Natural gas dominated new electrical generating capacity in 2018, according to data released on the US renewable energy market by the Federal Energy Regulatory Commission (FERC).
New natural gas generation placed in service in 2018 totaled 20,048 MW or 64.9 percent of the total (30,881 MW).
Renewable sources such as biomass, geothermal, hydropower, solar and wind accounted for 10,392 MW or 33.7 percent. The balance 1.4 percent was provided by nuclear (350 MW), waste heat (51 MW), oil (25 MW), coal (10 MW), and others (5 MW).
Wind ended 2018 with 6,028 MW of additional capacity for the year or over 19.5 percent of the total. Solar added 4,181MW capacity or 13.5 percent.
Renewable sources account for 21 percent of installed US generating capacity. Five years ago, renewables were 16 percent. Their total installed generating capacity has increased by 35.6 percent over the past half-decade from 185.16 GW to 250.99 GW.
Utility-scale solar has reached 3 percent of the nation’s generating capacity while hydropower and wind account for 8.4 percent and 7.9 percent respectively.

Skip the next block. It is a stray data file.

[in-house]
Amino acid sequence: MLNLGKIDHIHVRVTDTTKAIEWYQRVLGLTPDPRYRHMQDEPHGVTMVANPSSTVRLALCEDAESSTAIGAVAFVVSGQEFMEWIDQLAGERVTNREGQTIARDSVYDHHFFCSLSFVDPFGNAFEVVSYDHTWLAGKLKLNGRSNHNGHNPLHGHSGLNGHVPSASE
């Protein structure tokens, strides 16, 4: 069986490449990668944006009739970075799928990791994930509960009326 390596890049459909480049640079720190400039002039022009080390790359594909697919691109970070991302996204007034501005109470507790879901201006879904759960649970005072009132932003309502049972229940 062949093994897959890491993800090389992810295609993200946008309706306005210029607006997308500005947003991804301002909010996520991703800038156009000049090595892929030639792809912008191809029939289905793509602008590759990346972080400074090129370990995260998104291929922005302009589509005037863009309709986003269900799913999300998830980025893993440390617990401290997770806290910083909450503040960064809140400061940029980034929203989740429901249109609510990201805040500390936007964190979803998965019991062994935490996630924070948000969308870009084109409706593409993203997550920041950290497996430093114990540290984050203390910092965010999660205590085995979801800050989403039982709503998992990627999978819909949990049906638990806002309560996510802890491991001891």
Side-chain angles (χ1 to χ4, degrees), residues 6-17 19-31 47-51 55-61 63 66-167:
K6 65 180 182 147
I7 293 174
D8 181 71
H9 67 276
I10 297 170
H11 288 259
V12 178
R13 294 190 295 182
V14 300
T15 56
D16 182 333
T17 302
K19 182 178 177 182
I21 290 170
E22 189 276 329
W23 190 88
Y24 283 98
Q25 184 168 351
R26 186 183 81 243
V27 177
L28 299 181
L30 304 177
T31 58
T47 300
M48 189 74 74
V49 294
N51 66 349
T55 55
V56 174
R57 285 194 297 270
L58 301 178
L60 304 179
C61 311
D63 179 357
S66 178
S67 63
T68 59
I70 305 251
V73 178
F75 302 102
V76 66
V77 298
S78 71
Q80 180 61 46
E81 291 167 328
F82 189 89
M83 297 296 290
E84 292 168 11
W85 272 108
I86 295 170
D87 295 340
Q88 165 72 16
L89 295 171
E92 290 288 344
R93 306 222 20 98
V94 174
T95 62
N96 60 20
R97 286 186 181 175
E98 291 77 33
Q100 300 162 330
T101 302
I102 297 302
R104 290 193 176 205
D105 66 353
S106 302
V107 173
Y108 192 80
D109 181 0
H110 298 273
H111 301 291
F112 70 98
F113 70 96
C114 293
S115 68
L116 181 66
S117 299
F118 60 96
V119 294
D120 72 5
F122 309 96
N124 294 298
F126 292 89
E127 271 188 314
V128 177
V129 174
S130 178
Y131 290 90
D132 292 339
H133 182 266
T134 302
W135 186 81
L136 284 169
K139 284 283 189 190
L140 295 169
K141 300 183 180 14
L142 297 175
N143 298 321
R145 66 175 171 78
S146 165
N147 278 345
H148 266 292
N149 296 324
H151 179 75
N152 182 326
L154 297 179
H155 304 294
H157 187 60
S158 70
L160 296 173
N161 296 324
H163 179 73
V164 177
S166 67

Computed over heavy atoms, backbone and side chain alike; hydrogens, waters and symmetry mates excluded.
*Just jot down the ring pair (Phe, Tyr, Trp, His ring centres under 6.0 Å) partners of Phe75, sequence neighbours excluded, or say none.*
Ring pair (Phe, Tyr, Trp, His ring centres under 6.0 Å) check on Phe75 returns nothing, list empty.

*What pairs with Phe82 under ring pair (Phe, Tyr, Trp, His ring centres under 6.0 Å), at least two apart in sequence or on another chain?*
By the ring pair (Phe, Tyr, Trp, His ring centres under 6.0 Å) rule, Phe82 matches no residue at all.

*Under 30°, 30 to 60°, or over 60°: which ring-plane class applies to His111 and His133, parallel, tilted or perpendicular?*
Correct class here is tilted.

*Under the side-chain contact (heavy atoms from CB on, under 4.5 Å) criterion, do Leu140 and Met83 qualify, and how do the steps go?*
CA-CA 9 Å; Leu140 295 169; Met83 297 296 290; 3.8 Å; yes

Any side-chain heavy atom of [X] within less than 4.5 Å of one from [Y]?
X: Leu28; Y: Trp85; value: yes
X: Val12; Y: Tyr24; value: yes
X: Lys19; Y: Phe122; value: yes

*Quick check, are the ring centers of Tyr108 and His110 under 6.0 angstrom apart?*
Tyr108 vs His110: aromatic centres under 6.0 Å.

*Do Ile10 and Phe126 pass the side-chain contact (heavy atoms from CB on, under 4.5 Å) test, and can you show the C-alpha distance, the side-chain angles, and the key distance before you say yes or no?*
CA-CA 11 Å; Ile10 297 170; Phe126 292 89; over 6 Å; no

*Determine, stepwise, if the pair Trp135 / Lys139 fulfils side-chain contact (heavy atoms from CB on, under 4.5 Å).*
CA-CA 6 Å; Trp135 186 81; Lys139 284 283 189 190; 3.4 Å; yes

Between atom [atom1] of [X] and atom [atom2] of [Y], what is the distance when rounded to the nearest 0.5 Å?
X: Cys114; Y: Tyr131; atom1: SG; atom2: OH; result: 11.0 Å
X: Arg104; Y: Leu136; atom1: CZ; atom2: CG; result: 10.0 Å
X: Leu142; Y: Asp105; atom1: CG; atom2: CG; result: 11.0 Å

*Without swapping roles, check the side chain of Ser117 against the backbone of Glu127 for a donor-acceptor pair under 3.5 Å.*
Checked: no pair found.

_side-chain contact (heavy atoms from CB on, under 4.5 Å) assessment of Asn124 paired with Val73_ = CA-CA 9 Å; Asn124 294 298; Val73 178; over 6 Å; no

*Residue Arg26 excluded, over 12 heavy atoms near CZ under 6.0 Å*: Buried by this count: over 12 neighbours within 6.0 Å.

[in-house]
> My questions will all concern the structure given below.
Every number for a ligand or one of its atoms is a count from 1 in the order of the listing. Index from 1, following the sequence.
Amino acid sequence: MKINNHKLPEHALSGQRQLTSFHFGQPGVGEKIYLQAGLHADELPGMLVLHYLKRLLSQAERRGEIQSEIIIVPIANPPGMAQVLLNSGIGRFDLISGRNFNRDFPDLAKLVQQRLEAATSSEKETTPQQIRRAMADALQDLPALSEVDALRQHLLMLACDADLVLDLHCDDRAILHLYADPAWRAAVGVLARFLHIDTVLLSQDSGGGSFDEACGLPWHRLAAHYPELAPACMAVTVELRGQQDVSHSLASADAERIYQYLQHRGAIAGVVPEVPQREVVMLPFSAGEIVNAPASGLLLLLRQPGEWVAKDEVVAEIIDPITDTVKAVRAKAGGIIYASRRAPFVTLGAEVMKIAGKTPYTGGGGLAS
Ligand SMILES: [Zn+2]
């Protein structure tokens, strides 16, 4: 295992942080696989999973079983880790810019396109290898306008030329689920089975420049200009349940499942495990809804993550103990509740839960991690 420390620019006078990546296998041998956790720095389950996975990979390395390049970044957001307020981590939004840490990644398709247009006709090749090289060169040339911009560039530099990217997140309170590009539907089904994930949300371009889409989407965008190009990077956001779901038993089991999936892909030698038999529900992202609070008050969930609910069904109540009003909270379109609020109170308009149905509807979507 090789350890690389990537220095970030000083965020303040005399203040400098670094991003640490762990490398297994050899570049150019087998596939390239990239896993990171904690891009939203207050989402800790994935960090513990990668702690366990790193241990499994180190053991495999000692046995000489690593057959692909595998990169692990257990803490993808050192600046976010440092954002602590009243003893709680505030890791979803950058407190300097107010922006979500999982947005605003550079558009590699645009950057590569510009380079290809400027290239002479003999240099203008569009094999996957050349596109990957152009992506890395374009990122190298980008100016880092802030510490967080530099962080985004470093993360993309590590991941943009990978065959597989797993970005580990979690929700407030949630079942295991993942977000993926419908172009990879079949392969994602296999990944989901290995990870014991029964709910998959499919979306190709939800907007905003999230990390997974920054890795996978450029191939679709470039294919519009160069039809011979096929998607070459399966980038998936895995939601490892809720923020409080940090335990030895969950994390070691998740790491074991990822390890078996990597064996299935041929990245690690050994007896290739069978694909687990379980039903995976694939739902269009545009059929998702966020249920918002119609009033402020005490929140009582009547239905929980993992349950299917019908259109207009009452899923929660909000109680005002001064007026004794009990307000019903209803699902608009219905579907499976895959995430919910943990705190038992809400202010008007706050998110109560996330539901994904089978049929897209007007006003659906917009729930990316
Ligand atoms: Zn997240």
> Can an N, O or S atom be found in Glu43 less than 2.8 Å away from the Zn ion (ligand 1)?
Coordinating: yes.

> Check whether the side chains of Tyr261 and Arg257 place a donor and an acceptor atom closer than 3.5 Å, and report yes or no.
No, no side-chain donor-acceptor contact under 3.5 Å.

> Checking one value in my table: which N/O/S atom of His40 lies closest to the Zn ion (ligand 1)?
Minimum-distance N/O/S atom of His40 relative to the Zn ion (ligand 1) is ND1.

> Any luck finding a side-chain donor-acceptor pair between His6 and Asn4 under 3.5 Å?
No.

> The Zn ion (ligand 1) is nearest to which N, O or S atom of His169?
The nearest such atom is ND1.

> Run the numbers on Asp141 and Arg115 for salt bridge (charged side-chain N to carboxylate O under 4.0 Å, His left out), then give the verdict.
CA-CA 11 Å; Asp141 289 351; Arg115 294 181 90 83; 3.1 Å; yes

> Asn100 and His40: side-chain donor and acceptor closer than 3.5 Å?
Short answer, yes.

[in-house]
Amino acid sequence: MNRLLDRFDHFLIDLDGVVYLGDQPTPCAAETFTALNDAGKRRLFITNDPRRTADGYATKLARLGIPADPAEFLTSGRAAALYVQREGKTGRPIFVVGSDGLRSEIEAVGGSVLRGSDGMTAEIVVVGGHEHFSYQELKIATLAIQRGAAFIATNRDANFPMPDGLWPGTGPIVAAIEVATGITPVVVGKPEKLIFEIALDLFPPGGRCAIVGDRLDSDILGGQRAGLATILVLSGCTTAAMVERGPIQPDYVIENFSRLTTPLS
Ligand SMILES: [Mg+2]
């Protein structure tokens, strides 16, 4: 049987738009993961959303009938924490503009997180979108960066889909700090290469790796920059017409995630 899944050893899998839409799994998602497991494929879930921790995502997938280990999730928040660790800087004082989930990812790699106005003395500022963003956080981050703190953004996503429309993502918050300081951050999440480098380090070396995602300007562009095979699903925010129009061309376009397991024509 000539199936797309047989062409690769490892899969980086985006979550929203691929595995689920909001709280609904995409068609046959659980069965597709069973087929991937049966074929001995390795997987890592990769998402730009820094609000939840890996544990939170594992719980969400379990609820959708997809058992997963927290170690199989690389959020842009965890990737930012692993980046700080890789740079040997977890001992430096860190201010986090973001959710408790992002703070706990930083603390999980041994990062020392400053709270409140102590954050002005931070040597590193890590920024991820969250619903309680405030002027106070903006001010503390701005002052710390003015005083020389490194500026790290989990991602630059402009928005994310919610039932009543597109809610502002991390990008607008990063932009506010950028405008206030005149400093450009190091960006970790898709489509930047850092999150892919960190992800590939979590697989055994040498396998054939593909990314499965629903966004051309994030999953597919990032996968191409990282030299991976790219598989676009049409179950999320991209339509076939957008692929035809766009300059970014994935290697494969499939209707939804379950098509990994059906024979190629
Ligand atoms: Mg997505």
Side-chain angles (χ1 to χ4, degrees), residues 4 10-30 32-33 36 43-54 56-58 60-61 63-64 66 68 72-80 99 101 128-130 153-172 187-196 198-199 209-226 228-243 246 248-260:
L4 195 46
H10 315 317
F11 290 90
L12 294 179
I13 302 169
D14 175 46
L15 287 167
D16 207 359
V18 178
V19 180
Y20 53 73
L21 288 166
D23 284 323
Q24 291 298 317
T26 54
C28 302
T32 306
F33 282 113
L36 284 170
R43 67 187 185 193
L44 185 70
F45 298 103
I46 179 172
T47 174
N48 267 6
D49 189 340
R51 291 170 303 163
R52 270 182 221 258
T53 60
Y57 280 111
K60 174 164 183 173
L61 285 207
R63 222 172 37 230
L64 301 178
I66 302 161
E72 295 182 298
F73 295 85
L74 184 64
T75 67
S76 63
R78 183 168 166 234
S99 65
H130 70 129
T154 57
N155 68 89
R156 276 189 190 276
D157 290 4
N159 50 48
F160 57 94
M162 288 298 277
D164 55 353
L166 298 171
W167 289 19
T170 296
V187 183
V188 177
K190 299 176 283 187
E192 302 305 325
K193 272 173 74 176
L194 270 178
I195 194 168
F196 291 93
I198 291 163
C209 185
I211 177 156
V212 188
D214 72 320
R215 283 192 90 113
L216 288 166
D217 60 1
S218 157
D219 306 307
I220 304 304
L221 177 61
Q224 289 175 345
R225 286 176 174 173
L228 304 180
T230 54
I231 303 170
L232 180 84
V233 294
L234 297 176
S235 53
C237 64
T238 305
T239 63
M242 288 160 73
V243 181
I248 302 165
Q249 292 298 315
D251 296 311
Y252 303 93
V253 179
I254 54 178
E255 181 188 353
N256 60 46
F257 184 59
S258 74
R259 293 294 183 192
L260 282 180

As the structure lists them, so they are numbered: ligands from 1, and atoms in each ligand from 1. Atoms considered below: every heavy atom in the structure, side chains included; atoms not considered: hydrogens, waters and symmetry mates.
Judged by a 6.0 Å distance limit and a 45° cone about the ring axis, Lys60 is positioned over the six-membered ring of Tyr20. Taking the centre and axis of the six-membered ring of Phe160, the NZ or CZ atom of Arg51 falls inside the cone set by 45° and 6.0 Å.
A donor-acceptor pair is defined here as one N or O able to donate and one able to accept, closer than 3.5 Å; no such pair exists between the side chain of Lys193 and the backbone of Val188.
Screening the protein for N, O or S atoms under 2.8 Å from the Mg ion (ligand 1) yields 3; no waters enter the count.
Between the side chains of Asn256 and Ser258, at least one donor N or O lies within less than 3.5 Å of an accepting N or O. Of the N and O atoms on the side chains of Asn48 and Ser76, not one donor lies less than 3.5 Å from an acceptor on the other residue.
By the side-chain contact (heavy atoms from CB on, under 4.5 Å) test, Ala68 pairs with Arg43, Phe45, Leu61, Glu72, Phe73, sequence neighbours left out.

Proposed generation additions from wind total 97,455 MW while those from solar are 70,902 MW — each greater than that listed for natural gas (59,900 MW). The amount of new solar and wind proposed to be added by January 2022 has increased by 9.1 percent from 154,344 MW to 168,357 MW.
FERC lists only a single new 17-MW coal unit for the upcoming three-year period but 15,244 MW in retirements. Oil will decline by 1,361 MW. Nuclear power will increase by 2,090 MW.
FERC only reports data for utility-scale facilities rated 1-MW or greater and its data does not reflect the capacity of distributed renewables, notably rooftop solar PV. The rooftop solar PV market, according to the U.S. Energy Information (EIA), accounts for 30 percent of installed solar capacity.